Osteoporosis is common and underdiagnosed in Danish men prior to androgen-deprivation therapy (ADT) for prostate cancer, according to a study results published online ahead of print in the Scandinavian Journal of Urology. Vitamin D insufficiency also may be underdiagnosed in these men.

Mads Hvid Poulsen, MD, PhD, of the Odense University Hospital in Denmark, and colleagues researchers studied at 105 PCa patients who had a mean age of 70 years. They obtained sociodemographic information and medical history, took blood samples, and performed dual-energy X-ray absorptiometry scans to measure bone mass density.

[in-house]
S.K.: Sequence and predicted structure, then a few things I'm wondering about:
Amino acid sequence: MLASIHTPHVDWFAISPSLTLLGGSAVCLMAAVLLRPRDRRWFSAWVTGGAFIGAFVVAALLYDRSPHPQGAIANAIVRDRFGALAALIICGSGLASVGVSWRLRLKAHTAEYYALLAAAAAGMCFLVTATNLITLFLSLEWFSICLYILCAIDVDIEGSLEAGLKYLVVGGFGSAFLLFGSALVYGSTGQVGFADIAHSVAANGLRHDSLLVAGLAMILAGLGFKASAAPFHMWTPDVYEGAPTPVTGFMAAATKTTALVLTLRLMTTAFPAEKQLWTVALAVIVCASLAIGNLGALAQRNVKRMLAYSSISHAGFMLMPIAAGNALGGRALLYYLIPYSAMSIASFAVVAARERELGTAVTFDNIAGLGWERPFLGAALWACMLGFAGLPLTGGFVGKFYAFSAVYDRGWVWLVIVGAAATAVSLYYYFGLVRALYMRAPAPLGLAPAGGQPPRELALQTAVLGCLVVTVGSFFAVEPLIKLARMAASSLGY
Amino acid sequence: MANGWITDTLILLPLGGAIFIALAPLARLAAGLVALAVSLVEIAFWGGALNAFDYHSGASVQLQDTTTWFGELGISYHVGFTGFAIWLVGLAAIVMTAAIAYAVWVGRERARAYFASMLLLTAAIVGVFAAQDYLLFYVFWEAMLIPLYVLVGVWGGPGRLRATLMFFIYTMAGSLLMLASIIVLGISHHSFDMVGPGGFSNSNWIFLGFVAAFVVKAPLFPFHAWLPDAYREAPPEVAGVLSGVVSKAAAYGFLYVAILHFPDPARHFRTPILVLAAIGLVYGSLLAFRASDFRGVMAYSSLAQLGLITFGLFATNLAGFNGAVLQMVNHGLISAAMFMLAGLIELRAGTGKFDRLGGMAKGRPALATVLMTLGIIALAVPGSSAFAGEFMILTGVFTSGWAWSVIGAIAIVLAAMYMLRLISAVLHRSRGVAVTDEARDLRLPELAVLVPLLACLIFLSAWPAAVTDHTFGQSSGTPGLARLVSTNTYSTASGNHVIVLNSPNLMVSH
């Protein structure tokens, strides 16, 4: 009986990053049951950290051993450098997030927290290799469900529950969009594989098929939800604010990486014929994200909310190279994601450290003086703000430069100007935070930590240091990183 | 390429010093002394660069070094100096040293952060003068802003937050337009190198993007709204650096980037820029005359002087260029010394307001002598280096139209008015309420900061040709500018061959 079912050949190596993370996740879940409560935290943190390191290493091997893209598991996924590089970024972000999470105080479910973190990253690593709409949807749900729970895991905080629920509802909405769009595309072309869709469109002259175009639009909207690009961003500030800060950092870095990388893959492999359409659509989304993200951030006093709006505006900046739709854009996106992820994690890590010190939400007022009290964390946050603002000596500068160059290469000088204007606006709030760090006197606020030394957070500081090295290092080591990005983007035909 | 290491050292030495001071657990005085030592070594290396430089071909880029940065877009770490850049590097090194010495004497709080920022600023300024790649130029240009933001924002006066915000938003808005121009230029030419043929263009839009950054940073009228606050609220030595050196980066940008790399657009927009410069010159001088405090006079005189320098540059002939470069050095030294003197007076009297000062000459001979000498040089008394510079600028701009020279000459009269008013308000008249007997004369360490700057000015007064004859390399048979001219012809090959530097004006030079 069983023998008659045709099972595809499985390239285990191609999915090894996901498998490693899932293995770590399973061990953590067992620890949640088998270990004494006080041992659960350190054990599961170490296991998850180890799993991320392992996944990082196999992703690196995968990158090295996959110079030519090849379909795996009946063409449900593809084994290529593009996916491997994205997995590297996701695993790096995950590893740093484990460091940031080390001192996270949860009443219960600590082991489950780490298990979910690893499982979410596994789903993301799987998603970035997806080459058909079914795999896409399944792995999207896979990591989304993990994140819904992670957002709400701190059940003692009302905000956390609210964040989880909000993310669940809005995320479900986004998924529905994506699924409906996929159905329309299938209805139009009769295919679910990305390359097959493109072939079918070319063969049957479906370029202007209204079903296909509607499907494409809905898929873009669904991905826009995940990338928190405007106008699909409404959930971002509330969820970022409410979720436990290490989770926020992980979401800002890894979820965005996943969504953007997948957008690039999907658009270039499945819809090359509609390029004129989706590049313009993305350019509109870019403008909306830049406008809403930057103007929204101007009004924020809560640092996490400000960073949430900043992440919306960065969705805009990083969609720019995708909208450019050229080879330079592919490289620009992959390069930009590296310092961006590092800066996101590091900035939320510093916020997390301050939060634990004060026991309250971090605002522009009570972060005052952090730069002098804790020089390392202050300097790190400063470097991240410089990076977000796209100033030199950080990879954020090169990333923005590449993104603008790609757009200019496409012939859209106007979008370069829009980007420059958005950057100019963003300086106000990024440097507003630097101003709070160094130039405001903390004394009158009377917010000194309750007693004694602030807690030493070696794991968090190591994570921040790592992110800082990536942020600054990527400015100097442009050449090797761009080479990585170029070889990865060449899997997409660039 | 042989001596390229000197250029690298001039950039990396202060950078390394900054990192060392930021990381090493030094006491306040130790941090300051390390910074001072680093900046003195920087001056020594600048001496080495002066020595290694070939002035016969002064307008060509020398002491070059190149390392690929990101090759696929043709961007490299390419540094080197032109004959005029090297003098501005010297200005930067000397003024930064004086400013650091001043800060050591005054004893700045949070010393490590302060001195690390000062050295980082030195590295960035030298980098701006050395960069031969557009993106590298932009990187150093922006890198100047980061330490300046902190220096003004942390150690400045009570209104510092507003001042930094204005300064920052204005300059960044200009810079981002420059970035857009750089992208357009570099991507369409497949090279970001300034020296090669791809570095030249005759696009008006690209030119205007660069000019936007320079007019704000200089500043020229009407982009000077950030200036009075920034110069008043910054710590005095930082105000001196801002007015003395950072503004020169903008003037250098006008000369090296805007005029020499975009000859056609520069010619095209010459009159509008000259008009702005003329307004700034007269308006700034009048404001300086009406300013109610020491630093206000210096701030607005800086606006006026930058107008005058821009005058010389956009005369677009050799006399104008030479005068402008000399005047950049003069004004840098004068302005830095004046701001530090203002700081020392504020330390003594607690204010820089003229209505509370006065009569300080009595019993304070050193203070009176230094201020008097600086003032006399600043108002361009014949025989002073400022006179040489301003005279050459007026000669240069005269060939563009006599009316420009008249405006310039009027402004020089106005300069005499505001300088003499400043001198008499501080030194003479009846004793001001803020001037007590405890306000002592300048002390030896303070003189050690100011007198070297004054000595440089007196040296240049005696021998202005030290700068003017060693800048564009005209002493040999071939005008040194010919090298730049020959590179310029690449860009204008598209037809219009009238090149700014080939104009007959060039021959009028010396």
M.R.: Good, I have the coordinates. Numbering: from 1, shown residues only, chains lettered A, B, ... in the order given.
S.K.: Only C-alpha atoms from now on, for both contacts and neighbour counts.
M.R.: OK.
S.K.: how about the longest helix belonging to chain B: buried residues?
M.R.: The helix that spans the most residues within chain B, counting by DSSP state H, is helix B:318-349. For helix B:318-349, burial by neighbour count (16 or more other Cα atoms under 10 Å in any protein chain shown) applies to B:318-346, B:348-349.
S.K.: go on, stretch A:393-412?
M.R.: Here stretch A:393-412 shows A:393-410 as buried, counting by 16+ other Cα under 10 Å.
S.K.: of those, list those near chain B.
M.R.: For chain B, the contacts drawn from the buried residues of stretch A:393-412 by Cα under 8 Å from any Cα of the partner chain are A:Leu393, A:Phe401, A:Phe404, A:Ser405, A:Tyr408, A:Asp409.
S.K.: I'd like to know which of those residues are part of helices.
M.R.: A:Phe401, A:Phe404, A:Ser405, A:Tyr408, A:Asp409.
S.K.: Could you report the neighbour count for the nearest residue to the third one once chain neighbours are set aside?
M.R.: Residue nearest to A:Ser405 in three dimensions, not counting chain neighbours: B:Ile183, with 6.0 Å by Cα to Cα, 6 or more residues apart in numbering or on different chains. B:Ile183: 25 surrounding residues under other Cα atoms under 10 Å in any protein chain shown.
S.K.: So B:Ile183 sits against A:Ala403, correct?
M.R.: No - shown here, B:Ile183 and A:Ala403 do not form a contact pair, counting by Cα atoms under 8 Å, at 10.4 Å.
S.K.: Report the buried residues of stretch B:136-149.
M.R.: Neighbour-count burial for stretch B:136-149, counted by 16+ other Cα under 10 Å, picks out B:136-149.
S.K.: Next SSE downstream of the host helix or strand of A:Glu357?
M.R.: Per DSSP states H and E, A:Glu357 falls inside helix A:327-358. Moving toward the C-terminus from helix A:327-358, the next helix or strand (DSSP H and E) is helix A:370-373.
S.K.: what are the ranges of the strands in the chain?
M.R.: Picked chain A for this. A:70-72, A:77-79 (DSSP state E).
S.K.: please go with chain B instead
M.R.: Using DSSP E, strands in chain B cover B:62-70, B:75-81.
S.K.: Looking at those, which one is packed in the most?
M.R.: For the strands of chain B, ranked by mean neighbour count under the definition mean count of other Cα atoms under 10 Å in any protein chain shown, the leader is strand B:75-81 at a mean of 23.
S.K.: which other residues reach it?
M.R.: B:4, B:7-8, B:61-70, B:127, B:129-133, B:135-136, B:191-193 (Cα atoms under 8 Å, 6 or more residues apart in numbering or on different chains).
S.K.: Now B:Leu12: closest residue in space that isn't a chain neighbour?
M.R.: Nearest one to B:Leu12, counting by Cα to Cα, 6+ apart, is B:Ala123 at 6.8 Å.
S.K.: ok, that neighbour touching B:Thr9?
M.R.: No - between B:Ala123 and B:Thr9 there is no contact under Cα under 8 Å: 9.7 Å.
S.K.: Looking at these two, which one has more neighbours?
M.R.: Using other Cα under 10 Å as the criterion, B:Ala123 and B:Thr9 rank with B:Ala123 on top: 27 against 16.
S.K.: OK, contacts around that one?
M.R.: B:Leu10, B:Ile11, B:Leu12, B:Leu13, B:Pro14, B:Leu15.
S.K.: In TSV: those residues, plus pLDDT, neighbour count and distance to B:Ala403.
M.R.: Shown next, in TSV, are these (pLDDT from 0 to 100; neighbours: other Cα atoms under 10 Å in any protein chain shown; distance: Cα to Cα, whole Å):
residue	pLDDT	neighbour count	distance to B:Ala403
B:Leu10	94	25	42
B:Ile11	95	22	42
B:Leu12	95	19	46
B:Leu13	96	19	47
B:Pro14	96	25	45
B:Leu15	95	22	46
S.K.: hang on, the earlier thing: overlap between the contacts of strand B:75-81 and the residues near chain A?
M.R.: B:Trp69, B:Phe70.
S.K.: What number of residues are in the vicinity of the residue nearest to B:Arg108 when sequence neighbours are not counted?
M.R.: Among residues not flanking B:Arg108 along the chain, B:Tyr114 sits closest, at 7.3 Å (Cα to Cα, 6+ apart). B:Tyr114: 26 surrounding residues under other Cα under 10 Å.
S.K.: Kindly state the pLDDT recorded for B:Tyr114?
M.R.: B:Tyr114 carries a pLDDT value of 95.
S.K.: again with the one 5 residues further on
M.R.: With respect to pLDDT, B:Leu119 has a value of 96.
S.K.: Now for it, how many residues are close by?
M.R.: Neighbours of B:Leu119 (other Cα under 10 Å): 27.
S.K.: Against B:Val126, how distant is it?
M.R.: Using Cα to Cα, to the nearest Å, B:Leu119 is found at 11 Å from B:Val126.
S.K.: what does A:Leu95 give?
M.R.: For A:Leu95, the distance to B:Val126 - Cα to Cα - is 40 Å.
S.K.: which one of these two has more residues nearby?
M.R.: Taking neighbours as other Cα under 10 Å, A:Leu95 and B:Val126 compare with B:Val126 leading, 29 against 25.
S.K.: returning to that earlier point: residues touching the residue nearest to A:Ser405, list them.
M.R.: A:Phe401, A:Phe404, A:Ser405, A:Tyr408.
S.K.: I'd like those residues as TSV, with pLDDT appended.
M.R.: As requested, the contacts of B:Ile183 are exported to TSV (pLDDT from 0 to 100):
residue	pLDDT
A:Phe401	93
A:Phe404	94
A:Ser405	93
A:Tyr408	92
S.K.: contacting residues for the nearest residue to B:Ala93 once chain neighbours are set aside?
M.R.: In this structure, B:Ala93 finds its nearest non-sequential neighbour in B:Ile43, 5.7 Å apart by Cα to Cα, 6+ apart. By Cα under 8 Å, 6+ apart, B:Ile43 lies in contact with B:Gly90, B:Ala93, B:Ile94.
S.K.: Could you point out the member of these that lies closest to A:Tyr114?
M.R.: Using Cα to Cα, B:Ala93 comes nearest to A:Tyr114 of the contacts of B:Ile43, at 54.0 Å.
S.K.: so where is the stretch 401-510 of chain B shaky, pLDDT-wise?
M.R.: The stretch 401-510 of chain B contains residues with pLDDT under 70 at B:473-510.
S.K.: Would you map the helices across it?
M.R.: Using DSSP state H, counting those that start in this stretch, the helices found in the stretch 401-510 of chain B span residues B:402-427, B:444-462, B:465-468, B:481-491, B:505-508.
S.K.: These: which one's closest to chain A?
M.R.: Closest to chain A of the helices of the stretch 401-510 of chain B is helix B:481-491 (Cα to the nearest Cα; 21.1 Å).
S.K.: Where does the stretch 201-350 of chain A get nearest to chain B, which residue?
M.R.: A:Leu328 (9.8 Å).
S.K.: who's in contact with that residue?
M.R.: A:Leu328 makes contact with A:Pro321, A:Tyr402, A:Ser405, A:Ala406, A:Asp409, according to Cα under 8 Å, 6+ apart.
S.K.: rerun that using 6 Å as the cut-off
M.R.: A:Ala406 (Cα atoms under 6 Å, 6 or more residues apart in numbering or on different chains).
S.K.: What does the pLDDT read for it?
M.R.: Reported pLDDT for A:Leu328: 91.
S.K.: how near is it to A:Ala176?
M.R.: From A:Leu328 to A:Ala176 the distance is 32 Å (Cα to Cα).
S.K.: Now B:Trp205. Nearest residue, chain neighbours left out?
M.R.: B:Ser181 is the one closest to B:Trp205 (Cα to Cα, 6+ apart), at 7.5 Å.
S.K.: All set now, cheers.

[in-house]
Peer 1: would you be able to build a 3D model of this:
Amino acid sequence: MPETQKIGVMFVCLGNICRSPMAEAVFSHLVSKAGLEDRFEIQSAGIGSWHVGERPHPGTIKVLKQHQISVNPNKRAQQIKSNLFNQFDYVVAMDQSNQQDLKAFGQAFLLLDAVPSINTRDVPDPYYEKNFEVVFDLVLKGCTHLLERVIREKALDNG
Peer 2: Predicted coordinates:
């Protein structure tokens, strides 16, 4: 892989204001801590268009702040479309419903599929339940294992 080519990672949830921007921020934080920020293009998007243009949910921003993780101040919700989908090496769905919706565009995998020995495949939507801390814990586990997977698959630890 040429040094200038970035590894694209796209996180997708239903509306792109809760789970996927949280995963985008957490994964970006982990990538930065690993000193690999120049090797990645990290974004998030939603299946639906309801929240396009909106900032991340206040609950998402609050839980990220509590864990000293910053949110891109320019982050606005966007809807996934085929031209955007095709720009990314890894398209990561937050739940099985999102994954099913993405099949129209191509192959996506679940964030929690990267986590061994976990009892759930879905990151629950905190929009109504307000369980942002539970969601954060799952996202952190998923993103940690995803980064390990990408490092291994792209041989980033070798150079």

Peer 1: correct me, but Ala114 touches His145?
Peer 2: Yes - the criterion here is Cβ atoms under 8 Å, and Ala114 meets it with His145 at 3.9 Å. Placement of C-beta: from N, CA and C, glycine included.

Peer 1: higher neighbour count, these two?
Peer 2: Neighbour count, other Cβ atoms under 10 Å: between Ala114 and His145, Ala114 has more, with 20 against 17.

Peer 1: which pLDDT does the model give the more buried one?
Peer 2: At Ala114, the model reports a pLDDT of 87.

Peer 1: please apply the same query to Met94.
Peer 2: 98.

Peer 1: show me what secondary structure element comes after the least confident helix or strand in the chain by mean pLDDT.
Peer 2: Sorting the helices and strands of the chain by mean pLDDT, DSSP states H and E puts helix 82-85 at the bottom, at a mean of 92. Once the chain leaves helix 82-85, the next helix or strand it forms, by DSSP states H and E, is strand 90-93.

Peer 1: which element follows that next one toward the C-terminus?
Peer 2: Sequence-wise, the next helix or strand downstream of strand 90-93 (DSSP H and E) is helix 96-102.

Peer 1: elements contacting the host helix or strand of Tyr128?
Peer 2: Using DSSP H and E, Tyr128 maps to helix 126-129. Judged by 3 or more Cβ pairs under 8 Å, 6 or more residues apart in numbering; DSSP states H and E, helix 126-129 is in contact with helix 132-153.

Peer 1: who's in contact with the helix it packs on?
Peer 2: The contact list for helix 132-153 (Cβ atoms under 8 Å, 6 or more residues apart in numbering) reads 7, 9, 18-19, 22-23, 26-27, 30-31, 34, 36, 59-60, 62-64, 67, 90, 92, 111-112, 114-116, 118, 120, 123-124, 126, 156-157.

Fifty patients (48%) had localized disease and were to be treated with external beam radiation therapy (EBRT) with 3 years of ADT and 55 (52%) had newly-diagnosed disseminated disease and were to be treated with lifelong ADT (52%). The median PSA level was 30.5 g/L and average Gleason score was 7.8.

Osteoporosis was present in 10% of patients and osteopenia was present in 58%. Furthermore, 37% of patients had vitamin D insufficiency (levels below 50 nmol/L). Smoking was the only factor significantly associated with an increased prevalence of osteoporosis, the researchers reported.

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“More awareness regarding osteoporosis and bone health in prostate cancer is needed, and [we] recommend that patients with prostate cancer undergo DXA scanning before starting ADT,” the authors concluded.